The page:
So far this is confusing but not actually a very big deal (though bear in mind that his summary about Malthus wanting to "encourage disease" is just as completely false as the implications of out of context quote. This is a summary only of Zubrin's total misreading of his misquote). But it gets worse. Zubrin summarized Malthus, "In addition, everything should be done to keep the wages of working people as low as possible." That is absolutely not what Malthus says in the cited chapters (3.7 and 4.1), which I read through specifically to check for this.

Zubrin provides primary source citations to give the superficial appearance of having done proper research. But he hasn't; he is misleading his reader. Books should not be traps to fool their readers!

I'd like to show you this with quotes but how do I quote Malthus to demonstrate that his text lacks the statements Zubrin says it has? Click the links and search them yourself on words like "wages", "low" or "possible". I did that in addition to reading the full chapters. Zubrin's claim about keeping wages as low as possible is just not there; Zubrin made it up and then falsely represented it as a summary of Malthus.

The closest Malthus comes is some economic arguments about how you can't make the poor rich with minimum wage laws. These bear no resemblance to Zubrin's supposed summary, but maybe Zubrin (who does not understand economics and praised minimum wage laws twice in the book) confused Malthus discussing facts of economics for Malthus trying to keep wages for the poor low. That's my best guess at what happened but there is really no excuse.

I'll try to give you a sense of what Malthus actually said when he talked about wages in 3.7 (I don't know why 4.1 was cited, it doesn't even mention wages and is irrelevant):
What I have really proposed is a very different measure. It is the gradual and very gradual abolition of the poor-laws. And the reason why I have ventured to suggest a proposition of this kind for consideration is my firm conviction, that they have lowered very decidedly the wages of the labouring classes, and made their general condition essentially worse than it would have been if these laws had never existed. [...]

To remedy the effects of this competition from the country, the artificers and manufacturers in towns have been apt to combine, with a view to keep up the price of labour, and to prevent persons from working below a certain rate. But such combinations are not only illegal, but irrational and ineffectual; and if the supply of workmen in any particular branch of trade be such as would naturally lower wages, the keeping them up forcibly must have the effect of throwing so many out of employment, as to make the expense of their support fully equal to the gain acquired by the higher wages, and thus render these higher wages in reference to the whole body perfectly futile.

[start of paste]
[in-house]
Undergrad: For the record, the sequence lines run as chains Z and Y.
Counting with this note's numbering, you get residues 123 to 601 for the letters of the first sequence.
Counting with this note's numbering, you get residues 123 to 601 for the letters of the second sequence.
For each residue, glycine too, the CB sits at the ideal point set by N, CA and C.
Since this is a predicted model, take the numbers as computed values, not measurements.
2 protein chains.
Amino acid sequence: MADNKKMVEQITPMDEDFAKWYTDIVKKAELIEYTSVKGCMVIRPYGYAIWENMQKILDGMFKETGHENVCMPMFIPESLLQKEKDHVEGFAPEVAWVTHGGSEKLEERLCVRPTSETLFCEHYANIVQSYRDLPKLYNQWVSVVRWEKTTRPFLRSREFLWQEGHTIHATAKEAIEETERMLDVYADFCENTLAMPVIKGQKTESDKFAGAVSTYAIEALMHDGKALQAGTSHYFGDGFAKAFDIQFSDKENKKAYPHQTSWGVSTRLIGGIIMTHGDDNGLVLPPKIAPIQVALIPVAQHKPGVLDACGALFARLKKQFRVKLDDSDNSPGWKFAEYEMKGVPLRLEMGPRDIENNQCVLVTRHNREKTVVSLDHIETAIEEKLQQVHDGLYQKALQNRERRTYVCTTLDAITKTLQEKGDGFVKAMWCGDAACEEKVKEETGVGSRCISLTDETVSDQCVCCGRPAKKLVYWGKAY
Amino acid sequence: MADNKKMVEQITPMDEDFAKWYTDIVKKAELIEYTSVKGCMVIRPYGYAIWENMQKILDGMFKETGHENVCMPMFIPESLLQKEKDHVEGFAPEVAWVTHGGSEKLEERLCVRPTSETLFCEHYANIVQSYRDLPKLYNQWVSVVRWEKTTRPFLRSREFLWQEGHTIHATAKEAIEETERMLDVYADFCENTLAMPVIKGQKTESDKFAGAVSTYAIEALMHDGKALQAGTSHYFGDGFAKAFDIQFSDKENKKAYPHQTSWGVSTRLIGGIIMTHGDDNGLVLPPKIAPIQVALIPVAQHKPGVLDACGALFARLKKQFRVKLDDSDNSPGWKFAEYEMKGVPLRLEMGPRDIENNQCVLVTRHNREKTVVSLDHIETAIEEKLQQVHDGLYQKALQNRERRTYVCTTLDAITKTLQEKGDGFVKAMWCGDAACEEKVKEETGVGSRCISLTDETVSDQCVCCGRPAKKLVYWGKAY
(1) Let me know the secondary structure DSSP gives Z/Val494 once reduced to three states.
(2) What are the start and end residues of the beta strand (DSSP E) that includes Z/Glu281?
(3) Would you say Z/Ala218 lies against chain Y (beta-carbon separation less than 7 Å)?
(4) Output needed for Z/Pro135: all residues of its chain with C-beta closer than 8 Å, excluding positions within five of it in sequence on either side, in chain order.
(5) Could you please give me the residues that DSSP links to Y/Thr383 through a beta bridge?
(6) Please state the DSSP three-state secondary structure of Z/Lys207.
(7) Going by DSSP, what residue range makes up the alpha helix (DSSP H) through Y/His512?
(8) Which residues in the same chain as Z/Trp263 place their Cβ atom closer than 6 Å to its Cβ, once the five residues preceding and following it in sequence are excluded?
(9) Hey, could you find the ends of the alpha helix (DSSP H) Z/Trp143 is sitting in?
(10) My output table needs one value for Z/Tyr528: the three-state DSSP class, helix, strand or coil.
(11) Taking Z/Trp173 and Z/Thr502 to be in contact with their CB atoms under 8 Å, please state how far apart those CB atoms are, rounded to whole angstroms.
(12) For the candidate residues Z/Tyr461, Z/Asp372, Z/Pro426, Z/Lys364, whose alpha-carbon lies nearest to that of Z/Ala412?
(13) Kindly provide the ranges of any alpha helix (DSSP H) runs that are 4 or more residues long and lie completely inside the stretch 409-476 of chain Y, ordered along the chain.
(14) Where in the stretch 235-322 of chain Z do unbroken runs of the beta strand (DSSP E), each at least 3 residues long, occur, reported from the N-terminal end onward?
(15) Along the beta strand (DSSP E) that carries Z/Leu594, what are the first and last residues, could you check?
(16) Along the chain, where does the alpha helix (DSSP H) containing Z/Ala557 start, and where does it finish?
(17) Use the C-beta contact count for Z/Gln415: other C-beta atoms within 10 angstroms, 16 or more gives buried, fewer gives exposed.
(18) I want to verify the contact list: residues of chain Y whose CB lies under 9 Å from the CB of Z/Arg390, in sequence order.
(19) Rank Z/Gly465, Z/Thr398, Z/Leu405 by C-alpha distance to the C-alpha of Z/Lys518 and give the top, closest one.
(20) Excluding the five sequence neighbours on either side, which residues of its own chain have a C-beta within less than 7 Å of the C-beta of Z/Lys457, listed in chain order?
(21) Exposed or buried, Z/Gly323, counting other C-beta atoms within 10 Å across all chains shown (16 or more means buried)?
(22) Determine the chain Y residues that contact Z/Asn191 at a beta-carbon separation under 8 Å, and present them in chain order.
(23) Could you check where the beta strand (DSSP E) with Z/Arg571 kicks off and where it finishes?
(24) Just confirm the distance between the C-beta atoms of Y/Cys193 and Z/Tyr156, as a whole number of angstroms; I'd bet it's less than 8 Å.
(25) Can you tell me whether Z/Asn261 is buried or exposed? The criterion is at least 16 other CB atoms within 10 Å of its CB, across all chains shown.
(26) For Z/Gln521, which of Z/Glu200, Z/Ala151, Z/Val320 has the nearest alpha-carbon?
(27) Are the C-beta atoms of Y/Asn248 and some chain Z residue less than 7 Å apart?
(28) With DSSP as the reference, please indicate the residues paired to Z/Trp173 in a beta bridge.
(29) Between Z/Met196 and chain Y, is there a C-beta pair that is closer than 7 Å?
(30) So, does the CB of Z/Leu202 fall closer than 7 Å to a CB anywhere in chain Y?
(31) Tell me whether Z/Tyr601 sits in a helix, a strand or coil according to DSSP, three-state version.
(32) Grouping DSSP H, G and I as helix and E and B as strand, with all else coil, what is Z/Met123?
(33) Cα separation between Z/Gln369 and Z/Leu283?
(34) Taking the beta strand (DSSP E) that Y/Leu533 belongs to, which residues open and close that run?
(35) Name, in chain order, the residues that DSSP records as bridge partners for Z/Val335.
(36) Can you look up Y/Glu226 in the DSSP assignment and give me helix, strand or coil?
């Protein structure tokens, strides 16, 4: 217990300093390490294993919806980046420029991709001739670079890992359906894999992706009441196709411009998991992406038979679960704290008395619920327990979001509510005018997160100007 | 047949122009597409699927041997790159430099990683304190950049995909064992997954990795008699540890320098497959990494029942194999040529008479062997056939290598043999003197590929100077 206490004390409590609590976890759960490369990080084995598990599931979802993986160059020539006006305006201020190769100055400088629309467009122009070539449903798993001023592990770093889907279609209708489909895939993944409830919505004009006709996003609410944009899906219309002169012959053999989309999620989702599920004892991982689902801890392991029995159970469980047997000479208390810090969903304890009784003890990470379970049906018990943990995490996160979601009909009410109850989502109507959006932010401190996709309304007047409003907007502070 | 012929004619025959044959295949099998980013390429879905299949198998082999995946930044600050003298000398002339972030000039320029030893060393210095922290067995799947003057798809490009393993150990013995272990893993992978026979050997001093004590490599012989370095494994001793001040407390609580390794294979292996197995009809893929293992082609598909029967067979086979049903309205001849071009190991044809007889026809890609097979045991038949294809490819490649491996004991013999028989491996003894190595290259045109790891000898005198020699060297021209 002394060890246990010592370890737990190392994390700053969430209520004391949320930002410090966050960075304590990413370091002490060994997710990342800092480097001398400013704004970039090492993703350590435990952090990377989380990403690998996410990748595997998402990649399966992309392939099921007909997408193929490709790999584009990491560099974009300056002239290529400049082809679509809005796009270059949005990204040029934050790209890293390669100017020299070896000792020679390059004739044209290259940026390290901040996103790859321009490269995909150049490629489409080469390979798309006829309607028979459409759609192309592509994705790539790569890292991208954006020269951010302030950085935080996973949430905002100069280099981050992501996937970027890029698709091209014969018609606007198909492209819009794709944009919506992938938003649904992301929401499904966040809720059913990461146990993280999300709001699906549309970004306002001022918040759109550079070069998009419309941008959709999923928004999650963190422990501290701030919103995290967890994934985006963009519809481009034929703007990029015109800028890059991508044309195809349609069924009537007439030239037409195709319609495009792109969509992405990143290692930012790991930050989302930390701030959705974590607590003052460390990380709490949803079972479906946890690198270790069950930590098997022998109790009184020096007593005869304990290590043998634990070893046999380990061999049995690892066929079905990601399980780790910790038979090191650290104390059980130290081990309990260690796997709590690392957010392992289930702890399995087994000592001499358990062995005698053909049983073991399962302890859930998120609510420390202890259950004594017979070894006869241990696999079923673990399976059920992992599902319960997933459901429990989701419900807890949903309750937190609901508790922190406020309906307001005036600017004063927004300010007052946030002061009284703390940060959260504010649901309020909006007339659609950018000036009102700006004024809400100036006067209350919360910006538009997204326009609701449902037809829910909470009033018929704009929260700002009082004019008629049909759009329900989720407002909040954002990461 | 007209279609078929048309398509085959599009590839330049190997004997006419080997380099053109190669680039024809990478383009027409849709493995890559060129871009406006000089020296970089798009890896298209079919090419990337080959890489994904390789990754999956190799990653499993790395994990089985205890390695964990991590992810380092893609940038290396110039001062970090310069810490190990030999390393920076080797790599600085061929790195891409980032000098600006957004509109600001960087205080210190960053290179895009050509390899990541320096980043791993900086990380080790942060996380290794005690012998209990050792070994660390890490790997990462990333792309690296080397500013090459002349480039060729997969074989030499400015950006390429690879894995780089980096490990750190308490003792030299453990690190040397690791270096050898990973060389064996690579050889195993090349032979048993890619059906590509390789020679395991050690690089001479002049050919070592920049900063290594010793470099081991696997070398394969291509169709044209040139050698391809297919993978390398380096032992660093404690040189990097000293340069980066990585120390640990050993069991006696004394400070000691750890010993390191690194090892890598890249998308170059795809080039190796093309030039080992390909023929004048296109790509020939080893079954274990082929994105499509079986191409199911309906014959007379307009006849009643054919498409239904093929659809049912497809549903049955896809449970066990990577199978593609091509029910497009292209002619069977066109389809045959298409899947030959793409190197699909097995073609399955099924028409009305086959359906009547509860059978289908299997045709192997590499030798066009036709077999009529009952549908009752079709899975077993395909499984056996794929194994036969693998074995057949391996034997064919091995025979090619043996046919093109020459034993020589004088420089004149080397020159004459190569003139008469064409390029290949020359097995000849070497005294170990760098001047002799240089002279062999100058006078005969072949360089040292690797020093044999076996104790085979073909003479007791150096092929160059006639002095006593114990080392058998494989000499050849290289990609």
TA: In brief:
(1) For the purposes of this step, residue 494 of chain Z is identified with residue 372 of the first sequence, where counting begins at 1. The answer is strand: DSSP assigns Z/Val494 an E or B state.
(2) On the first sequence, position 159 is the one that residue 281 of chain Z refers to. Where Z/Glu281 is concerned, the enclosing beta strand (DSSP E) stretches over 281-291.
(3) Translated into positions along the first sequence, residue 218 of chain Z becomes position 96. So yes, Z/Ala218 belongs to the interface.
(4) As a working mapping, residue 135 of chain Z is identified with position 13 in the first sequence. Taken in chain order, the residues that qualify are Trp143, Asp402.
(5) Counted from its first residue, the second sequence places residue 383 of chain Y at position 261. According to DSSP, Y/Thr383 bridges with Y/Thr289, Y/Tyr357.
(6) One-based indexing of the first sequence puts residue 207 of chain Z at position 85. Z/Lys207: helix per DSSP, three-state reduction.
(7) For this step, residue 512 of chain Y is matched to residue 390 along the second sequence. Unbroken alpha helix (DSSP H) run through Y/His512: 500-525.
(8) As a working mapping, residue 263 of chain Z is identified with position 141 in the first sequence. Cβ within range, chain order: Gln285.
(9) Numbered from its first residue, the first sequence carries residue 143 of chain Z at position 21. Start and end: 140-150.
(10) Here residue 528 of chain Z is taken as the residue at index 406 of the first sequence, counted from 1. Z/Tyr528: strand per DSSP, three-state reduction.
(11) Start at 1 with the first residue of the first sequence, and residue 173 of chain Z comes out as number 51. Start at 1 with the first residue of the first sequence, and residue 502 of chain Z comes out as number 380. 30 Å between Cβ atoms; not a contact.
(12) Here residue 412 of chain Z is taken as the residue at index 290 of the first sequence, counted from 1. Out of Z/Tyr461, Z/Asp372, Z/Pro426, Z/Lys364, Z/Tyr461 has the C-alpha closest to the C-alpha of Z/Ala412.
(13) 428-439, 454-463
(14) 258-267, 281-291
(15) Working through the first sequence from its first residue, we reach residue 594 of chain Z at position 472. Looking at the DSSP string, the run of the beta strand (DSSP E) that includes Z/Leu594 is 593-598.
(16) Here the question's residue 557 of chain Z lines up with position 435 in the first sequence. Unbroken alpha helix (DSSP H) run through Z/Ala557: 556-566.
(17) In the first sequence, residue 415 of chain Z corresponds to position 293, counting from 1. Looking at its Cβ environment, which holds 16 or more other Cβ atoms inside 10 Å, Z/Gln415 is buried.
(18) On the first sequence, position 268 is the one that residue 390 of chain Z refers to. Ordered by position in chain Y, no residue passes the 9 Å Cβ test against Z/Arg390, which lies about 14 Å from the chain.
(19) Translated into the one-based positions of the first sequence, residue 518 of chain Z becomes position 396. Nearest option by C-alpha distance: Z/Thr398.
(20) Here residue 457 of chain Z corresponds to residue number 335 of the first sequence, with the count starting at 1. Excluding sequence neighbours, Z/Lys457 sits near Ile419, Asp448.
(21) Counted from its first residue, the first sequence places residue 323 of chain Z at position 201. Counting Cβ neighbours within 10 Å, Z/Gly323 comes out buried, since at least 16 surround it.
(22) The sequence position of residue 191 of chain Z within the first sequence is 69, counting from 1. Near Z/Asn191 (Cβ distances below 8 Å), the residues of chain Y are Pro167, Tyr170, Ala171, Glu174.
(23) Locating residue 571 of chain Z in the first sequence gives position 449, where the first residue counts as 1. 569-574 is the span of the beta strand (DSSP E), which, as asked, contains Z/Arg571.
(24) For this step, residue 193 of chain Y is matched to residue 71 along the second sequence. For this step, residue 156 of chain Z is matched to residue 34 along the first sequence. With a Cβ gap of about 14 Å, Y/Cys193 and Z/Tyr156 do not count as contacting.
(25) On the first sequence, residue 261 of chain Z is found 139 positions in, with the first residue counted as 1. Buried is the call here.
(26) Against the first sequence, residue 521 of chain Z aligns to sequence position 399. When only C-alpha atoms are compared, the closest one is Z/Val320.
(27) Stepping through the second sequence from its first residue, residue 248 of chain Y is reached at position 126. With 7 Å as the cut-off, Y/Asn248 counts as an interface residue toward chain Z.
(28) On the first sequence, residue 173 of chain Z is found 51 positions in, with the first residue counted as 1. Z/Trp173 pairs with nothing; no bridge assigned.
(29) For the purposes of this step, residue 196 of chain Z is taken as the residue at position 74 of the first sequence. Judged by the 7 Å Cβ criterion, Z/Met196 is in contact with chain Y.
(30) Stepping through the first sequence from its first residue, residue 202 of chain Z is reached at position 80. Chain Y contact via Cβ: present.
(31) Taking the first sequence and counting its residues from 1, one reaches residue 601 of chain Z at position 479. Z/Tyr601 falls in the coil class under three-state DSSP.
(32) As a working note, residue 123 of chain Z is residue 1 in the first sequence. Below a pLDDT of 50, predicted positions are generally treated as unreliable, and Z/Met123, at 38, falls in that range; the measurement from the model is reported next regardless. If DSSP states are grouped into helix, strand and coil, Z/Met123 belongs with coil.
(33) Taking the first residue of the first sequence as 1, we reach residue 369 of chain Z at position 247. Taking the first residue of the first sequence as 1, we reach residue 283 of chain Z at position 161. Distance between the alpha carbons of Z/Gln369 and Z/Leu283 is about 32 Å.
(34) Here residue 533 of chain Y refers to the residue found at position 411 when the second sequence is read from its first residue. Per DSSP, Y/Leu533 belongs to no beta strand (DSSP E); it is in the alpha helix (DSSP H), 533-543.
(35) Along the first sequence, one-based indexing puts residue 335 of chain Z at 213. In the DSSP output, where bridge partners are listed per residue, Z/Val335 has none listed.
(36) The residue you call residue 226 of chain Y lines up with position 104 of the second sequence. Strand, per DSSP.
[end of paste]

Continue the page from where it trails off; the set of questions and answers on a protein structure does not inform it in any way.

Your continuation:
It may be distinctly stated to be an absolute impossibility that all the different classes of society should be both well paid and fully employed, if the supply of labour on the whole exceed the demand; and as the poor-laws tend in the most marked manner to make the supply of labour exceed the demand for it, their effect must be, either to lower universally all wages, or, if some are kept up artificially, to throw great numbers of workmen out of employment, and thus constantly to increase the poverty and distress of the labouring classes of society.
Malthus wants to very gradually abolish the poor-laws, which he says have lowered the wages of the labouring classes and made their lives worse. His plan is to improve the lives of the workers and raise their wages by this reform! Zubrin said pretty much the opposite, that Malthus wants wages to be low; actually Malthus wants to improve wages. More generally, Malthus wasn't trying to make the poor miserable or kill them, and actually he wanted to improve their lives (by explaining moral restraint and reforming bad laws. Also by understanding resource limit, population growth and crop yield issues, about which Malthus was mistaken but not evil).

Malthus further discusses minimum wage laws, which he says are illegal, irrational and ineffectual. He tries to explain why they won't help the labourers. He basically says that if you force wages above the market rate, this causes unemployment and doesn't provide more wealth to the poor people overall as a group.

Zubrin's scholarship here was very bad and he misstated what Malthus was saying.

To clear things up about Malthus a bit more, in general, he meant well, at least according to his book (first edition preface):
If he [the author, Malthus himself] should succeed in drawing the attention of more able men, to what he conceives to be the principal difficulty in the way to the improvement of society, and should, in consequence, see this difficulty removed, even in theory, he will gladly retract his present opinions and rejoice in a conviction of his error.

Indira Gandhi

Indira Gandhi arrived in Washington in late March and met first with Secretary of State Dean Rusk, who handed her a memo requiring “a massive effort to control population growth” as a condition for food aid. Then on March 28, 1966, she met privately with the president. There is no record of their conversation, but it is evident that she capitulated completely.

Zubrin, Robert (2012-03-20). Merchants of Despair: Radical Environmentalists, Criminal Pseudo-Scientists, and the Fatal Cult of Antihumanism (New Atlantis Books) (Kindle Locations 2508-2510). Perseus Books Group. Kindle Edition.
False. Indira Gandhi was already in favor of population control before meeting with Lyndon Johnson. She did not "capitulate". Zubrin presents a false, anti-American picture in which the US pressures Indira Gandhi into semi-betraying her country accepting unwanted population control, in return for food aid (India was having a famine at this time).

Zubrin's anti-American story is based on his imagination, not historical facts. I learned this reading books which Zubrin himself cites, so you might expect him to have read them too. They clearly tell a different story, but Zubrin changed the story to make USA look worse and bias his book to have more of a "USA and other first world countries screw over the third world" slant (which is a theme throughout, with some truth to it, but apparently Zubrin is so committed to this cause that it matters to him more than facts do.)